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Background

During the preparation of the museum's opening exhibition in June 2004, it became clear that even though the flight in October 1943 was a world famous event, little had been collected to illustrate the experiences of the Danish Jews during exile in Sweden or the return home in 1945. Academic literature had primarily focused on the political maneuvers related to the roundup of the Danish Jews in October 1943, whereas only to a lesser degree had source materials been collected and historical works written about the people who directly suffered the consequences of the persecution of the Jews in Denmark. It was a natural responsibility for the Danish Jewish Museum to make up for this deficiency.

In 2007 the museum initiated a project on the wartime experiences of the Danish Jews 1943-1945, and to date this has strengthened the collections significantly with over 100 interviews, more than 100 three-dimensional objects, over 250 archival records and almost 900 pictures. The history of every single object has been carefully documented and registrered in the museum's registration system, and the collected materials have already resulted in a rising interest from researchers both at home and abroad. The materials can be more closely examined under the wartime collection on the homepage of the museum and in www.mussam.dk

The museum's project has furthermore resulted in the publication Nothing to Speak of - The Wartime Experiences of the Danish Jews by Sofie Lene Bak with an afterword by Bjarke Følner (2011). The English edition is distributed in the USA by The University of Chicago Press in cooperation with the Danish publisher, Museum Tusculanum. This publication has since been followed up by the museum's research anthology Dansk jødisk historie i Anden Verdenskrigs epoke (2011) [Danish Jewish history in the Second World War]. The project has also given rise to other publications, e.g. Sofie Lene Bak's Da krigen var forbi. De danske jøders hjemkomst efter besættelsen [When the war was over - The Danish Jews' return home after the occupation] (2012) and Kirsten Nilsson's De gemte børn. Beretninger fra Anden Verdenskrig [The hidden children. Accounts from the Second World War] (2012). The project has also given rise to a series of television programmes.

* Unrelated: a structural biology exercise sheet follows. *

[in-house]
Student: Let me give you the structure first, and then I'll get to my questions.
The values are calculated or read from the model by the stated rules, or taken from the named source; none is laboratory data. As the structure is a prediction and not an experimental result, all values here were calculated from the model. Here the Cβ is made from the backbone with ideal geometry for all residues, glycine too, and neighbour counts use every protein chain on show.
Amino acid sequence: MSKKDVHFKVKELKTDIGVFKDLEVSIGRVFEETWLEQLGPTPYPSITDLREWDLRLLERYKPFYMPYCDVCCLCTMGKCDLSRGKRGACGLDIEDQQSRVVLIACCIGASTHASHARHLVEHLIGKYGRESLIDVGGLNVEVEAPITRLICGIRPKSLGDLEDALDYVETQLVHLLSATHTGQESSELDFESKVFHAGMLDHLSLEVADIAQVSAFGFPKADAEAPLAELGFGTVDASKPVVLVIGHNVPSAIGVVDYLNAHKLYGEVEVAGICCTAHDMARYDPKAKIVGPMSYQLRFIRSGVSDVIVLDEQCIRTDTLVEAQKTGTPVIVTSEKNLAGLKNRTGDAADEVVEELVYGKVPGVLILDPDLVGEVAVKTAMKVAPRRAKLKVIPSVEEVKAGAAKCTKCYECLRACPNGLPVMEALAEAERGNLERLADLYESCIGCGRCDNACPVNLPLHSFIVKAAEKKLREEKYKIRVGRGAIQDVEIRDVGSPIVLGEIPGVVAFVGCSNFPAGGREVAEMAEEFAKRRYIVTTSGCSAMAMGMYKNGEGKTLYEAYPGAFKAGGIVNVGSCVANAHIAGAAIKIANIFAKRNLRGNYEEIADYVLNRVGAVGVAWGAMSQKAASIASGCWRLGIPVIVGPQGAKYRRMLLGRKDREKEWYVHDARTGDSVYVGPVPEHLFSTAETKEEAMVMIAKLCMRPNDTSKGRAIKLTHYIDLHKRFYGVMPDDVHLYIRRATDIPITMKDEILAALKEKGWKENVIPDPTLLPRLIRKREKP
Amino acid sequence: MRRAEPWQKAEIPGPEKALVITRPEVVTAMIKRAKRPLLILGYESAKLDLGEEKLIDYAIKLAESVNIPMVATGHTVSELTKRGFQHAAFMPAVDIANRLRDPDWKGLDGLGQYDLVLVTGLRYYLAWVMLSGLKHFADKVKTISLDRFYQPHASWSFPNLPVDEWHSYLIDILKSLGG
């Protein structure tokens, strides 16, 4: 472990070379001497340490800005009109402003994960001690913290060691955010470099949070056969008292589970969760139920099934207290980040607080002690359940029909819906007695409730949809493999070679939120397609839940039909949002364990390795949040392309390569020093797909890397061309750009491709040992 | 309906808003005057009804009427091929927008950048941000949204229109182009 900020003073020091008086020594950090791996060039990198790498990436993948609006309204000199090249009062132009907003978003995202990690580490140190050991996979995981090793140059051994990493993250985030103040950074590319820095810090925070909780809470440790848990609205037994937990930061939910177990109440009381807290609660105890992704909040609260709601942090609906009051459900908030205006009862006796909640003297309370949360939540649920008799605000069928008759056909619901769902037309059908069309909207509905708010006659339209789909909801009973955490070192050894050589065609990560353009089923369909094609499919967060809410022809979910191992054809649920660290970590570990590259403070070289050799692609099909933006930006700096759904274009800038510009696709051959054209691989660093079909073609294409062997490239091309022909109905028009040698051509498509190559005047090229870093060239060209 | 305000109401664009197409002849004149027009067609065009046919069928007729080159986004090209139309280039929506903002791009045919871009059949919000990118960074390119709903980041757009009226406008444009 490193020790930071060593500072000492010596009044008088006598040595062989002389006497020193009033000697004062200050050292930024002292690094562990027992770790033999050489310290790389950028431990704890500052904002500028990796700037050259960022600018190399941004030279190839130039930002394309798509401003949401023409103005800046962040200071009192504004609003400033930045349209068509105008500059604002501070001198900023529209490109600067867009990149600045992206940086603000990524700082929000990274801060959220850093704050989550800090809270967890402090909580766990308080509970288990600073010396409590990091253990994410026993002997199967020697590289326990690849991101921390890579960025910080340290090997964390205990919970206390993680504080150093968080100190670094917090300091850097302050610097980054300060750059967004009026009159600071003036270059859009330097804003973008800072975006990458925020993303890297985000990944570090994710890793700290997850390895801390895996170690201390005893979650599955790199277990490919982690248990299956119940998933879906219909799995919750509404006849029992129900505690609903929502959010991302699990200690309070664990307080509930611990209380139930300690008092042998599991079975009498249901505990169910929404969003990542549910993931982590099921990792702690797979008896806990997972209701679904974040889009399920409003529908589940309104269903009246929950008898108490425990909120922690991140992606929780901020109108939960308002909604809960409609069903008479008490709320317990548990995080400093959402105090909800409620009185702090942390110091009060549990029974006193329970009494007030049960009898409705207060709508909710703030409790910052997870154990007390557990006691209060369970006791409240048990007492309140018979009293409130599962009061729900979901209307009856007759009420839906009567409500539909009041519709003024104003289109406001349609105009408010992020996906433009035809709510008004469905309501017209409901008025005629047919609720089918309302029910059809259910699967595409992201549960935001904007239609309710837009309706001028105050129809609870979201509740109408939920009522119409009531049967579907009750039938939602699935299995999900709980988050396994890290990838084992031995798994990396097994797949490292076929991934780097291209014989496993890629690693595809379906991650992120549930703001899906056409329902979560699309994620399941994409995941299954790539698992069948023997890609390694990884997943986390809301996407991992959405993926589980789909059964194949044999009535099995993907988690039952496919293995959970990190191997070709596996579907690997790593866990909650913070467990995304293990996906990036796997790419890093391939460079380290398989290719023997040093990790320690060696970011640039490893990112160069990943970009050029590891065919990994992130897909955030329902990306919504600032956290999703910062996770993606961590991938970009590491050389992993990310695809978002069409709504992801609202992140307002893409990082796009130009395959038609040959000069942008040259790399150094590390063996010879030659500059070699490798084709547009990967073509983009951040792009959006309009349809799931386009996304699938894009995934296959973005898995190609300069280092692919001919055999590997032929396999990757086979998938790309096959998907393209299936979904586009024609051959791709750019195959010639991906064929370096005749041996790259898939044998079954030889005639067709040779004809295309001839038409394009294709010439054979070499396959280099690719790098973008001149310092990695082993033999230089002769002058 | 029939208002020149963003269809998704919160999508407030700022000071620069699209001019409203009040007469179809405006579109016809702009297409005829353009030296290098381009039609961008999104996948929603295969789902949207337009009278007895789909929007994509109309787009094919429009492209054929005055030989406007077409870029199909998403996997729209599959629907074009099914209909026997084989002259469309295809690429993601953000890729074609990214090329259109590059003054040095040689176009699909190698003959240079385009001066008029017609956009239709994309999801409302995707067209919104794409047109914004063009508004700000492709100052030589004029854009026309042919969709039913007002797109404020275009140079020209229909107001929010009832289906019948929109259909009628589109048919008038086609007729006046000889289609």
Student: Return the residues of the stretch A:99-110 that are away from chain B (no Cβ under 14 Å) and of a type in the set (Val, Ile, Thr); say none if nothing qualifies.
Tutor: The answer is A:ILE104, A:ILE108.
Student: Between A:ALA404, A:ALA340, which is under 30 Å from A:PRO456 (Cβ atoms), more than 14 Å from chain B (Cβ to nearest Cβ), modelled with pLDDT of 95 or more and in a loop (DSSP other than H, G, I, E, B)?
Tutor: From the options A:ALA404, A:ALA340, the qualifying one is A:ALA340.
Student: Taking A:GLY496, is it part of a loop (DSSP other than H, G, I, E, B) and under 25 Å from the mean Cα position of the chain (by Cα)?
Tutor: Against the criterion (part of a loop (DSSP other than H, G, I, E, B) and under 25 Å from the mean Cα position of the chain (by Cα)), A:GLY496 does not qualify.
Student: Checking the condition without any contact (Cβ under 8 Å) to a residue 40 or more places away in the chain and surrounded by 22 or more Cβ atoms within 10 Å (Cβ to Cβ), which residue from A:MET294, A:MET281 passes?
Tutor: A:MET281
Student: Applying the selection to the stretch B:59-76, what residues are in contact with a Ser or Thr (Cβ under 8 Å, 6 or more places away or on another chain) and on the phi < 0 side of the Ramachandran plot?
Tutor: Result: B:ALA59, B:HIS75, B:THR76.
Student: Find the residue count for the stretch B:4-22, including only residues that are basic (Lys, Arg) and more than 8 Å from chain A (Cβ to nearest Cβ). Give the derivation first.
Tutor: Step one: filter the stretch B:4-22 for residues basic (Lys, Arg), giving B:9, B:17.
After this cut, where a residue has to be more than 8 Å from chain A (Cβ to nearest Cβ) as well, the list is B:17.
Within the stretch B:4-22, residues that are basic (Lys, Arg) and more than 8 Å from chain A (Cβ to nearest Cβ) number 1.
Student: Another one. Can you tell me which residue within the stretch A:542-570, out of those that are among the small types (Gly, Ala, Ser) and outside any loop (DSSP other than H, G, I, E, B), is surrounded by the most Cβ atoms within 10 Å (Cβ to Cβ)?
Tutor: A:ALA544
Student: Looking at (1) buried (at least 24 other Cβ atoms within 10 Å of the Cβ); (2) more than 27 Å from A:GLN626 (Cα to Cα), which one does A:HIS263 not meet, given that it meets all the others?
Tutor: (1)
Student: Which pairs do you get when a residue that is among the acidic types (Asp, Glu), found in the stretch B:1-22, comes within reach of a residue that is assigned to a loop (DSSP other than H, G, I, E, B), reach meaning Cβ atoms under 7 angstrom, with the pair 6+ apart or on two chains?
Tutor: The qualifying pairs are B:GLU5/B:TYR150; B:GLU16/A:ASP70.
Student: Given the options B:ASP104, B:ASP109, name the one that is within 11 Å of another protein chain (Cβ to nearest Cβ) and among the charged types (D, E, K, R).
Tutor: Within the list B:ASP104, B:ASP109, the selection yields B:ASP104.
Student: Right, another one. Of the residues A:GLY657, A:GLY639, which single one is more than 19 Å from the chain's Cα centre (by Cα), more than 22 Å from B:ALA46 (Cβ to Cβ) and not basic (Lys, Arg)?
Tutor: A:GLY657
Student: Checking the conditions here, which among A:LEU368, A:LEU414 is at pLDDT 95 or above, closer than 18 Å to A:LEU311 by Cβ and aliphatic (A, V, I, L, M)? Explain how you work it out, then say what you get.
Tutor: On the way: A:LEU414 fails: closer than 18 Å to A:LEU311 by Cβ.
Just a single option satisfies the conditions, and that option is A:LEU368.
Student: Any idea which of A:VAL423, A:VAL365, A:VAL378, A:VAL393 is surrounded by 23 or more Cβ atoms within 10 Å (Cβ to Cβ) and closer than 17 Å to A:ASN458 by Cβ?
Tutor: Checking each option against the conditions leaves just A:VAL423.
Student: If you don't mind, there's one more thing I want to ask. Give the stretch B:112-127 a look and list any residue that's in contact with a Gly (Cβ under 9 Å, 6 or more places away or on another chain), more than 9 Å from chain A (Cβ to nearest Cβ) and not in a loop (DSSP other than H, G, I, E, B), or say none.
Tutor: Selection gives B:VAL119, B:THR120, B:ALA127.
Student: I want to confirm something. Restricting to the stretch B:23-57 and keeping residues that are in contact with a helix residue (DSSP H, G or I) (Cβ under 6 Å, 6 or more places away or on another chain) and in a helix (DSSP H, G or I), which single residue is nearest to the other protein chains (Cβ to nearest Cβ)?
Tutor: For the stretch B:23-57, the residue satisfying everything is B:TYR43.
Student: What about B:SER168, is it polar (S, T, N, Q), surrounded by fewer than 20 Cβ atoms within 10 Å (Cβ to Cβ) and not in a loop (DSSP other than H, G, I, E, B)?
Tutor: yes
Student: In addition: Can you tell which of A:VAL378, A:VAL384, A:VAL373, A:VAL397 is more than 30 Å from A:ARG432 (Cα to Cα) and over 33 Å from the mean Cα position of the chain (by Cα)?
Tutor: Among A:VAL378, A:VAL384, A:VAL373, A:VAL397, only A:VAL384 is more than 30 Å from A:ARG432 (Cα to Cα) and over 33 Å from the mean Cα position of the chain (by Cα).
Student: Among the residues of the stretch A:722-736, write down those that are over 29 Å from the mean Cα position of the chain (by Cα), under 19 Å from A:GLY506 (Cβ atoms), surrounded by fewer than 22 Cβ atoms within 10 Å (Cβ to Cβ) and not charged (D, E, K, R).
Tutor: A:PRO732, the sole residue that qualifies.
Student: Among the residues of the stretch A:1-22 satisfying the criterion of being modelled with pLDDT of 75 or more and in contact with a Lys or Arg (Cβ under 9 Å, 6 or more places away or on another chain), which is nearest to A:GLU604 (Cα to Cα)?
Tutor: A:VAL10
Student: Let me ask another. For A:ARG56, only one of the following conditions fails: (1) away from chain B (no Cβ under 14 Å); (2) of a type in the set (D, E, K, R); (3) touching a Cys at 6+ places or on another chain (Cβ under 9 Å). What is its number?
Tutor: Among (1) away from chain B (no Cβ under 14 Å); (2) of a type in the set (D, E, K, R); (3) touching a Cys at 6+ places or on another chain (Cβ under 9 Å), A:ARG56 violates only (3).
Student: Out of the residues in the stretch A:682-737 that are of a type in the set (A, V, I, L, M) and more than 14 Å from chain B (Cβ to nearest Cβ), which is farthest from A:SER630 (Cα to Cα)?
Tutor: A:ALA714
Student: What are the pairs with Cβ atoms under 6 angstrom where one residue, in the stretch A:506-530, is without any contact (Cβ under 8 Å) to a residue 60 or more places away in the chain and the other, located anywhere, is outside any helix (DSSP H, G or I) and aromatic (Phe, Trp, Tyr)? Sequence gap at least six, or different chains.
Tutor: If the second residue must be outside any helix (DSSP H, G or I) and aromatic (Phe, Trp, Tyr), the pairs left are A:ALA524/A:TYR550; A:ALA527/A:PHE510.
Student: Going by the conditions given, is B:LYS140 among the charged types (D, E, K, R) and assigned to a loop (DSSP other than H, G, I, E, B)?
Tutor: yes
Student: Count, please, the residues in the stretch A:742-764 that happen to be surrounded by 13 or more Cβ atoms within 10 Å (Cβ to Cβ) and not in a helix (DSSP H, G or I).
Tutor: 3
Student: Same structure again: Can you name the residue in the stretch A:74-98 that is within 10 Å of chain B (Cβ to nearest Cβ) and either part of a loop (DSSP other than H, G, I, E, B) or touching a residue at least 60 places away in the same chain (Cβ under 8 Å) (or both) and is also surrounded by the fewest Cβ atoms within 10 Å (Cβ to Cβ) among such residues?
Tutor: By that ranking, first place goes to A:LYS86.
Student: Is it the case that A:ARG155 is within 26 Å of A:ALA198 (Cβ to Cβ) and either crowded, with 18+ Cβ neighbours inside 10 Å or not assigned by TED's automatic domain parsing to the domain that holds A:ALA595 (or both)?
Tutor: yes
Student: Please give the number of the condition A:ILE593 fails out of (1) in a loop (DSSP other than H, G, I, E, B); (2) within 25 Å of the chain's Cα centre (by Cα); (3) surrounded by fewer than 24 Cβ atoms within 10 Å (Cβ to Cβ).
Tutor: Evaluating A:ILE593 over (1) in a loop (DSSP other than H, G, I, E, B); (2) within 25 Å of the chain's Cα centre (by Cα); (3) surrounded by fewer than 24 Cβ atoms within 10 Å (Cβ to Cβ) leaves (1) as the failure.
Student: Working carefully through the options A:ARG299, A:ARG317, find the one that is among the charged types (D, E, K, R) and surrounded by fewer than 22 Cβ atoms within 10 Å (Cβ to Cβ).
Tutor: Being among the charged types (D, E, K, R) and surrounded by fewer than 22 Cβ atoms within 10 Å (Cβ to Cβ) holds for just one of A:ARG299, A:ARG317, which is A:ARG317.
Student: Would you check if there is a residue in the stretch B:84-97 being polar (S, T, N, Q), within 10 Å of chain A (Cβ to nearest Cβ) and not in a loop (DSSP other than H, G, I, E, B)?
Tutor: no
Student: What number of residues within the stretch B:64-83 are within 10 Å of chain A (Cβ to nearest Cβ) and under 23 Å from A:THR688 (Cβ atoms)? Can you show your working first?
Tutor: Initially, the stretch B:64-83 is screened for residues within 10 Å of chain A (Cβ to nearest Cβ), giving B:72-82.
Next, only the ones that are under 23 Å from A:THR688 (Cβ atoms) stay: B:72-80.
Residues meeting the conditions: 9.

The museum has chosen to complete the project with the special exhibition HOME, which for the first time displays for the public selected items from the collected materials and is based on the project's thorough research. The materials from the museum's own collections have been supplemented with relevant loans from other museums.

Space and spaciousness

- an exhibition about Jews in Denmark

The exhibition is a broad story of Jewish life in Denmark and focuses on co-exixstence and indentity through 400 years. Read more...

Openings hours

Summer (June-August):
Tuesday to Sunday: 10 am - 5 pm
Monday closed

Winter (September - May):
Tuesday-Friday: 1 pm - 4 pm
Saturday and Sunday: 12 noon - 5 pm
Monday closed